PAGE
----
St. Helier Constable Simon Crowcroft has hit out at Planning for what he describes as its "inconsistent and nonsensical parking policy" which he claims ignores agreed States’ decisions and treats town residents as "second-class citizens".
Constable Crowcroft says his comments were prompted after planners told developers who are keen to build flats on the site of a 60-space car park in lower Green Street that there was no need to include parking spaces in the scheme.
It is advice the developers are ignoring.
Seymour Hotels want to build 27 apartments – 19 one-bed and eight two-bed properties – on the site. Their current scheme also includes lower-level parking for 37 vehicles, 36 bicycles and nine motorcycles.
The plans recently went on show at the nearby Ommaroo Hotel in accordance with new conditions laid down in the Bridging Island Plan which stipulate there needs to be a public consultation process for any development which consists of ten or more properties.
Pictured: Developers keen to build on former hotel car park in Green Street.
The architects behind the scheme say there was a steady flow of visitors keen to see the plans, chat to the developers, and discuss any concerns.
Feedback was generally good, and those hosting the exhibition say nearby residents made many positive comments and some suggestions that they might include in a slightly modified scheme. They say it will be at least a year before any work begins.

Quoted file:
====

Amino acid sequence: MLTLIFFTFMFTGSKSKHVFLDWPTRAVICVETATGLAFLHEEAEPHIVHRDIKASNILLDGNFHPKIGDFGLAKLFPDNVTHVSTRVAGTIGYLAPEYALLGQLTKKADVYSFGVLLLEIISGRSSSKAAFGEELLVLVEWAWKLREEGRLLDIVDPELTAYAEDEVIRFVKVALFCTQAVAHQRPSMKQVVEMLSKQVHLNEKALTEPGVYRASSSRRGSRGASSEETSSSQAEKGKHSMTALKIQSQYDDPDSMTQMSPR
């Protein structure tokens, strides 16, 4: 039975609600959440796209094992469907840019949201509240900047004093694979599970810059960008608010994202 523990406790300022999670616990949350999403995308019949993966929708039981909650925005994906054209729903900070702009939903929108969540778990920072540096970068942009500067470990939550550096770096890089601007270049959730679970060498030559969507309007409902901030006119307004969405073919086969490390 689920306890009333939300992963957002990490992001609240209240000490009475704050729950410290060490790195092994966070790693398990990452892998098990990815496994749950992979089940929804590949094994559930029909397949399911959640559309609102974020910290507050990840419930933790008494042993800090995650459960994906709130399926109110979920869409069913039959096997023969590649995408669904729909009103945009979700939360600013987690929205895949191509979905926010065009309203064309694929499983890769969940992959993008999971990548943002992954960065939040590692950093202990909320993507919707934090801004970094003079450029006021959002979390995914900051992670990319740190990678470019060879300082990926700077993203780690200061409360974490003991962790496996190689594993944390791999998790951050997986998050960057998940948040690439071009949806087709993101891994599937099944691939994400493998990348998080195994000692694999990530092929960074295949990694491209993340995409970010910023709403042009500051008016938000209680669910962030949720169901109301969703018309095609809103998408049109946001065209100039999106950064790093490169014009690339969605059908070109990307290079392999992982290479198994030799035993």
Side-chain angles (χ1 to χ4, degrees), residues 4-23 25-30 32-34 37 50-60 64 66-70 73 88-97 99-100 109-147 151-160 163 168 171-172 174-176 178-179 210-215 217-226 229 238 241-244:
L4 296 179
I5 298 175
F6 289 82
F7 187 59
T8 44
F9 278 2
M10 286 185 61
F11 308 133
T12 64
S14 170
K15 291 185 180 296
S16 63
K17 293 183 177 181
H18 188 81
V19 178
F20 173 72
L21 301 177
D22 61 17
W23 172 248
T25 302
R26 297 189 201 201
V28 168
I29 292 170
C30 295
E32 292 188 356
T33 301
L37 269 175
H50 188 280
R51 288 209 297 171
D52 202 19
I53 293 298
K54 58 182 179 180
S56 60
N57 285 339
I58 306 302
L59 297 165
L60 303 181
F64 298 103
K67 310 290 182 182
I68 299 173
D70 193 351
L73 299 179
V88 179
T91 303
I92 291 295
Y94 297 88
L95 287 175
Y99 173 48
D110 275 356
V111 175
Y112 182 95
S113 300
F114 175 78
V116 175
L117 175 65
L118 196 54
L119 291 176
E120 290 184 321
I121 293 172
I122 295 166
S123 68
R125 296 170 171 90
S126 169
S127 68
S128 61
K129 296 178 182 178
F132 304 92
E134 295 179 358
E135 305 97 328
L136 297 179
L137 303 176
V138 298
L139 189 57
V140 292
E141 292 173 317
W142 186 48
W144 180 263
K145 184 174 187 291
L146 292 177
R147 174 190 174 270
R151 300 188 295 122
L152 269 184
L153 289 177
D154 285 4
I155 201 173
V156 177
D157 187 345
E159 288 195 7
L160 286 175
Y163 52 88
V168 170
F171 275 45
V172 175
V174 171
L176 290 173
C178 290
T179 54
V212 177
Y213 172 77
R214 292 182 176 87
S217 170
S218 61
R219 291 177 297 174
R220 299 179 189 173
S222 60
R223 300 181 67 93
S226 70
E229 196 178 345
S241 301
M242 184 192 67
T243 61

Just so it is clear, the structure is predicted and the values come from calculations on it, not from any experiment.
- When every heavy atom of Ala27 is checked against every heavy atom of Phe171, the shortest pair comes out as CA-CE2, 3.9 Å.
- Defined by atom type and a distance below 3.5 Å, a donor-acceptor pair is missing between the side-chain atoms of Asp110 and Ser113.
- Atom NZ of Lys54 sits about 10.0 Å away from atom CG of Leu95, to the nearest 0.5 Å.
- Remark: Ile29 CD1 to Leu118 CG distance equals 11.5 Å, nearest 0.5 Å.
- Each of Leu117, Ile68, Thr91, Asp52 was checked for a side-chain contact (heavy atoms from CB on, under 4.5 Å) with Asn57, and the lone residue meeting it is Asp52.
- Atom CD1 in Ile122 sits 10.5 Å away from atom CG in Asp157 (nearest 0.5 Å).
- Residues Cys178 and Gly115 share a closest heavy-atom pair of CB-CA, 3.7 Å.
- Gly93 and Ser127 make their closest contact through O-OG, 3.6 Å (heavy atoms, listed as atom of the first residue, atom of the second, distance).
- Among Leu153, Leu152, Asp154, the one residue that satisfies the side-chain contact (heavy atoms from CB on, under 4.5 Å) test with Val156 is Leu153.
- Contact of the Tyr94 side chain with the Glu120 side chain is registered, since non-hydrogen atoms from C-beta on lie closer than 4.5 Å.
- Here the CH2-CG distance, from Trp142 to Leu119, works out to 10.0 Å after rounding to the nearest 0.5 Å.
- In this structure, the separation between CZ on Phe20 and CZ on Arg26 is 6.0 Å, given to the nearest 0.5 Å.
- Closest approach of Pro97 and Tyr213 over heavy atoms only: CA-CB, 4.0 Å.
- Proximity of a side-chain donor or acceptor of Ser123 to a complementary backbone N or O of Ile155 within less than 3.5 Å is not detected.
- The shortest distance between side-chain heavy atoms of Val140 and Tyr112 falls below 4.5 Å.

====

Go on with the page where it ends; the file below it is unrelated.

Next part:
The developers say they appreciate the scheme will cut the number of car parking spaces available, but that they have attempted to minimise the loss. They acknowledge there is a shortage of car parking spaces in the area, and that people living in the street should, where possible, be entitled to have somewhere to park a car.
Pictured: St. Helier Constable Simon Crowcroft.
Their comments echo those of Constable Crowcroft. But, he says his calls for more parking, not just for Havre des Pas residents, but for those living elsewhere in St. Helier, seem to be "constantly falling on deaf ears". He has now promised to ramp up his campaign.
"Once again, planning are treating St. Helier residents as if they were second-class citizens," says the politician with a note of despair.
"People living in town have just as much of a right as anyone else to have a car, and it is up to the States to help provide parking spaces, or to insist they are included in any new developments," he adds.
But Constable Crowcroft argues it is not only people living in the area that are suffering from a lack of parking spaces.
"It’s a problem for everyone. People are put off coming to the area for a drink or a meal or even to just visit the beach or swimming pool because there is nowhere to park. It’s strangling businesses in the area."
Pictured: The parking situation is likely to get worse with more developments currently at the Limes, Willow Court, and La Collette.
And, he acknowledges, given other developments nearby, the Havre des Pas situation is likely to get even worse.
Andium Homes have demolished and are replacing the La Collette low-rise flats with more properties, and at the other end of the street near the tunnel, the Limes and Willow Court have also been levelled and are awaiting development.
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